I think I’d get more traffic on this site it I used post titles like ‘steady 10k tempo’ or ‘aerobic base versus lactic threshold’ but then I’d be lying as I’d be making up even more of this than normal.
On the actual running front I am surprised at how quickly the speed is coming back. I am currently running comfortably in the sub-8:15/mile territory. Obviously the ‘speed’ is a relative thing so hold the inner voice of criticism. I have been knocking out slightly more than maintenance mileage with a 12 miler, a 4 miler, a 10 miler & a 6 miler in the last 5 days (I took Monday off as I was in Dublin).
My spine/pelvis (iliosacaral) joint is a bit stiff but a good week of stretching or a trip to the physio would sort it out. I have found that I am doing a bit more mid-foot running and I can only base this on the fact that the heels of my shoes are not wearing down as fast as they normally do. If you had a video camera you’d probably realise that I am still pure heel striker but I think that (relatively) tall non-biomechanically efficient northern European runners are designed to heel strike to some extent.
I’m still not sure what to do next. I had a vague fantasy about running a race called the Glen Ogle 33 in 3 weeks time but the logistics of getting my family to Scotland to go running around the time of my wife’s birthday might not be the smartest move I’ve ever considered.
Then there is the Clonakilty Marathon in December which might be cold enough to stop me over heating but having spoken to Grellan yesterday on the fringes of a very dull conference (he ran the race last year) the course profile might require a fair bit of fitness and ability to run up hills.
So nothing is decided and I think I’ll let the running continue for the rest of October and try to stretch the Sunday run north of 16 miles so I have a bit of endurance and then decide what to do.
There are a few off-road ultras in Ireland in 2012 – the Art O’Neill Challenge and the Wicklow Way Ultra but I haven’t done enough research (i.e. no research) on them to decide whether they are steep fell running events or just getting lost in the hills events (which I think I’d prefer).
Here endth the ‘bit about running’.
Now, the blog post title. What’s that all about?
It has nothing to do with school bullying or dieting.
However, If you fall into the overlapping area of the following Venn diagram sets then hiding lunch boxes (and finding them) might just be what the doctor ordered.
Are you somebody who owns a computer?
Do you own a ‘smart’ phone or some sort of GPS device (Garmin running watches don’t count here I’m afraid)?
Do you like the outdoors?
Do you often have to go for ‘spins’ in the car with the kids on Sunday afternoons or long trips for work?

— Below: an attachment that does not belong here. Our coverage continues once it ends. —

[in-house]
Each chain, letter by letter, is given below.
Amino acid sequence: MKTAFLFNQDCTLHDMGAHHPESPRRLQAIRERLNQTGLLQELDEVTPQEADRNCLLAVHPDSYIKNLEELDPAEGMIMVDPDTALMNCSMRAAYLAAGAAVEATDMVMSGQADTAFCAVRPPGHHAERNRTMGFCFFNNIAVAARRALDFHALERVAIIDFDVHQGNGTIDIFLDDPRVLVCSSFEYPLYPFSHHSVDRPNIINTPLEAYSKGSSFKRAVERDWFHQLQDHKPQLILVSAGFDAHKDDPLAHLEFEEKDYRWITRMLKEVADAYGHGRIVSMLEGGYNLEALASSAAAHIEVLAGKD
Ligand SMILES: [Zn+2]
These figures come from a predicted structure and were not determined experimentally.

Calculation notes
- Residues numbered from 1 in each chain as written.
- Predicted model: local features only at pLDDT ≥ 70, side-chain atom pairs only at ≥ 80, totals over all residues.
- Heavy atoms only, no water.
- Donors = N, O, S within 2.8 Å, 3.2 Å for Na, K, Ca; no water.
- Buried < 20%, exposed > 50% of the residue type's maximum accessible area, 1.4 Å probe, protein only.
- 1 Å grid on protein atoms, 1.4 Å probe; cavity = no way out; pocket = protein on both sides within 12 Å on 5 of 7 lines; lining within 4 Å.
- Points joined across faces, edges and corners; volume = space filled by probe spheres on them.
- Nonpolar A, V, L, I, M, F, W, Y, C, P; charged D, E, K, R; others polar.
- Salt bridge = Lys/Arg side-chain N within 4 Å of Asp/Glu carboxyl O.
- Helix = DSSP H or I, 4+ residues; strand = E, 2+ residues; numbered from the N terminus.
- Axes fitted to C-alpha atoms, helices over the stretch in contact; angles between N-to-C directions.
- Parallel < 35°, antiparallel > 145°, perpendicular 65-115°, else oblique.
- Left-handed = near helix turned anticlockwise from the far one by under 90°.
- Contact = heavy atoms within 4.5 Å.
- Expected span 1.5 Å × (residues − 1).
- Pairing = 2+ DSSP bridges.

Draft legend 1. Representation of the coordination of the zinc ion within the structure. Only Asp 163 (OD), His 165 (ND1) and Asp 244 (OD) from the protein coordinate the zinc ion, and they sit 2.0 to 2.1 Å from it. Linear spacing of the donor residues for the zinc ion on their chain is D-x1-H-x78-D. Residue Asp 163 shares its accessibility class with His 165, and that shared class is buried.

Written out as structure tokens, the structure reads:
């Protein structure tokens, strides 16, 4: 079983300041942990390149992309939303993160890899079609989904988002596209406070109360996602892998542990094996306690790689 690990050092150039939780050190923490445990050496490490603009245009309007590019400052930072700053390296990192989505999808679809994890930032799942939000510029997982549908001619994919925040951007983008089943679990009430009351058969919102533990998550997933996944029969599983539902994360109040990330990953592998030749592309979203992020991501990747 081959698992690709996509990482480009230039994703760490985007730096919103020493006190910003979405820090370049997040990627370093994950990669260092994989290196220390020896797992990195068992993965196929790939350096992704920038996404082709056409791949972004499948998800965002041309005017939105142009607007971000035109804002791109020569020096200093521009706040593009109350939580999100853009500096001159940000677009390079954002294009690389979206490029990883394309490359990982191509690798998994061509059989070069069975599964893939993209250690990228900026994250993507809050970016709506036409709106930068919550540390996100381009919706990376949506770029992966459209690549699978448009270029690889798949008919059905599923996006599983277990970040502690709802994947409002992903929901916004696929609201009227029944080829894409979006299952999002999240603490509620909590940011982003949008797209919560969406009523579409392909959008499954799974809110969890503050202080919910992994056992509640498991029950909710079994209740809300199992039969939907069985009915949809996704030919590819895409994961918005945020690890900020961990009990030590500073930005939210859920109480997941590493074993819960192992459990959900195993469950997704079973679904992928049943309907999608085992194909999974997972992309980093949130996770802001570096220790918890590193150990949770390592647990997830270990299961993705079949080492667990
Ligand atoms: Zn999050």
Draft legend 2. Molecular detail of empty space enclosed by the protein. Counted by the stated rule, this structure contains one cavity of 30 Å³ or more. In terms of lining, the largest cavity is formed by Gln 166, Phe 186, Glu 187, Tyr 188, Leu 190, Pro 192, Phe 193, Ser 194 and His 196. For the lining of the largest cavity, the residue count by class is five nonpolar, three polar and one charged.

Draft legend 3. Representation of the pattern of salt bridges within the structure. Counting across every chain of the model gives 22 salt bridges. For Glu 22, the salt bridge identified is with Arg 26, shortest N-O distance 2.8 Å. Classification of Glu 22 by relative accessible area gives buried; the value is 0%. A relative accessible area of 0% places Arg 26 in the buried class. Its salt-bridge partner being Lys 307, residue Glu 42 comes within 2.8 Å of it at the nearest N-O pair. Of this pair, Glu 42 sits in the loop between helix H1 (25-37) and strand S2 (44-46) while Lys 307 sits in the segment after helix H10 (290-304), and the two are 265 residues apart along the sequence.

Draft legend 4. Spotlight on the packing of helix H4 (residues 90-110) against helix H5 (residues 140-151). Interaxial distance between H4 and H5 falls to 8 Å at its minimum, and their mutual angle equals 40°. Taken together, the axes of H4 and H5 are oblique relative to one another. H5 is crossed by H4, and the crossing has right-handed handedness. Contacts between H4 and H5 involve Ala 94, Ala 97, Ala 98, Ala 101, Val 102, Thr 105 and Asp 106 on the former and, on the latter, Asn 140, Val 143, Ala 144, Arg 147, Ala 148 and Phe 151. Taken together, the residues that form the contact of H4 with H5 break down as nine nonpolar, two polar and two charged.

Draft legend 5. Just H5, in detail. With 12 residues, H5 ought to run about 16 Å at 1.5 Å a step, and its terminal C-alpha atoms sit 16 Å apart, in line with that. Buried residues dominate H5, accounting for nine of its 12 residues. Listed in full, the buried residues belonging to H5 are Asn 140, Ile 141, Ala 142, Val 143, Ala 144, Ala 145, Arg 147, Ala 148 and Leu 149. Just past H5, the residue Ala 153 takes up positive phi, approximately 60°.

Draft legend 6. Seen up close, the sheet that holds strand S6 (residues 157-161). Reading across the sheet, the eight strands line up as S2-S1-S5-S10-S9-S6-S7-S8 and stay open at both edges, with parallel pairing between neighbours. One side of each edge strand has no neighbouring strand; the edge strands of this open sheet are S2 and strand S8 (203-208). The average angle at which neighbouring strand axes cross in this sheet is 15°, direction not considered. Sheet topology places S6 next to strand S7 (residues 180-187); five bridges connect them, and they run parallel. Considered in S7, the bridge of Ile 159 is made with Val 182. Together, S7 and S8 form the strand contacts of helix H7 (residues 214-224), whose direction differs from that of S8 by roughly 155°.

Do you like finding out about obscure places of interest and beautiful views that the guide books don’t show you when you visit some place new?
Do you like hiding stuff? If in doubt, ask yourself, do I still know where my teenage porn stash is in my mother’s house? (There is a similar question for the lady-readers but I can’t think of it right now – probably something to do with handbags).
Do you like finding stuff?
Do you fancy yourself as a bit of a spy?
If you answered yes to most of these (I’ll allow a fail on the porn stash question) then congratulations – you are still alive and your brain is still working.
And you’d love my latest waste of time:
The official Wikipedia page on it is here but I’d strongly advise you not to read it as it is full of nerdlinger advice about ‘locking-onto’ satellites and calculating your co-ordinates.
Instead you should log onto http://www.geocaching.com and set yourself up with a user name and go out and find a geocache near your house. If you bring the kids you’ll never go for a pointless spin in the car again.
If you’re still reading you probably want to know what a geocache is. Which is good.
Well, it’s something hidden somewhere that you have to find, retrieve without being caught by the public, sign the paper log in it and then re-hide it. The thing that’s hidden (the geocache) can be a tiny hollow magnet the size of your thumb nail stuck to the back of a road sign or an ammunition box hidden in a forest. Depending on the size it will be filled with little trinkets and toys that the kids (big and small) can swap.
Where I live the geocaches are either small magnetic containers hidden in the urban environment or lunch boxes hidden in the countryside.
Hence the blog post title.
I know it sounds completely nerdy and it is a bit geeky but if you have any morsel of natural curiosity in your body you’ll enjoy it.
If you’re still completely sceptical (if you’re cynical I expect you’ve given up reading ages ago) I’ll give you an example of one I hid recently (for others to find):
Near where I live there is a small Victorian (19th C) church and graveyard that has long since been swallowed up by the progress of suburbia. In the graveyard there is the grave of a famous Victorian mathematician who died from homoeopathy (his wife plunged him into cold water to get rid of his cold and turned it into pneumonia and turned him into a dead person).
His name was George Boole and he invented the ‘sums’ that make computers work.
So, in order to get people to visit his grave and realise what we owe his genius I have set up a geocache on the street near the graveyard.
If you read the recent post about my adventures running beside the river Ayr in Scotland you’ll be delighted to know that some good soul (or souls) has placed no less than 33 separate geocaches along the route of the River Ayr Way. That means that if you get bored of staring at the beauty of nature you are generally no more that a mile or two from a hidden surprise.
There are about 5 million of these lunchboxes hidden around the world.
So, hiding lunchboxes – the sweet spot of treasure hunting, history, hidden landscapes, technology and spending time with your children.
A great waste of time!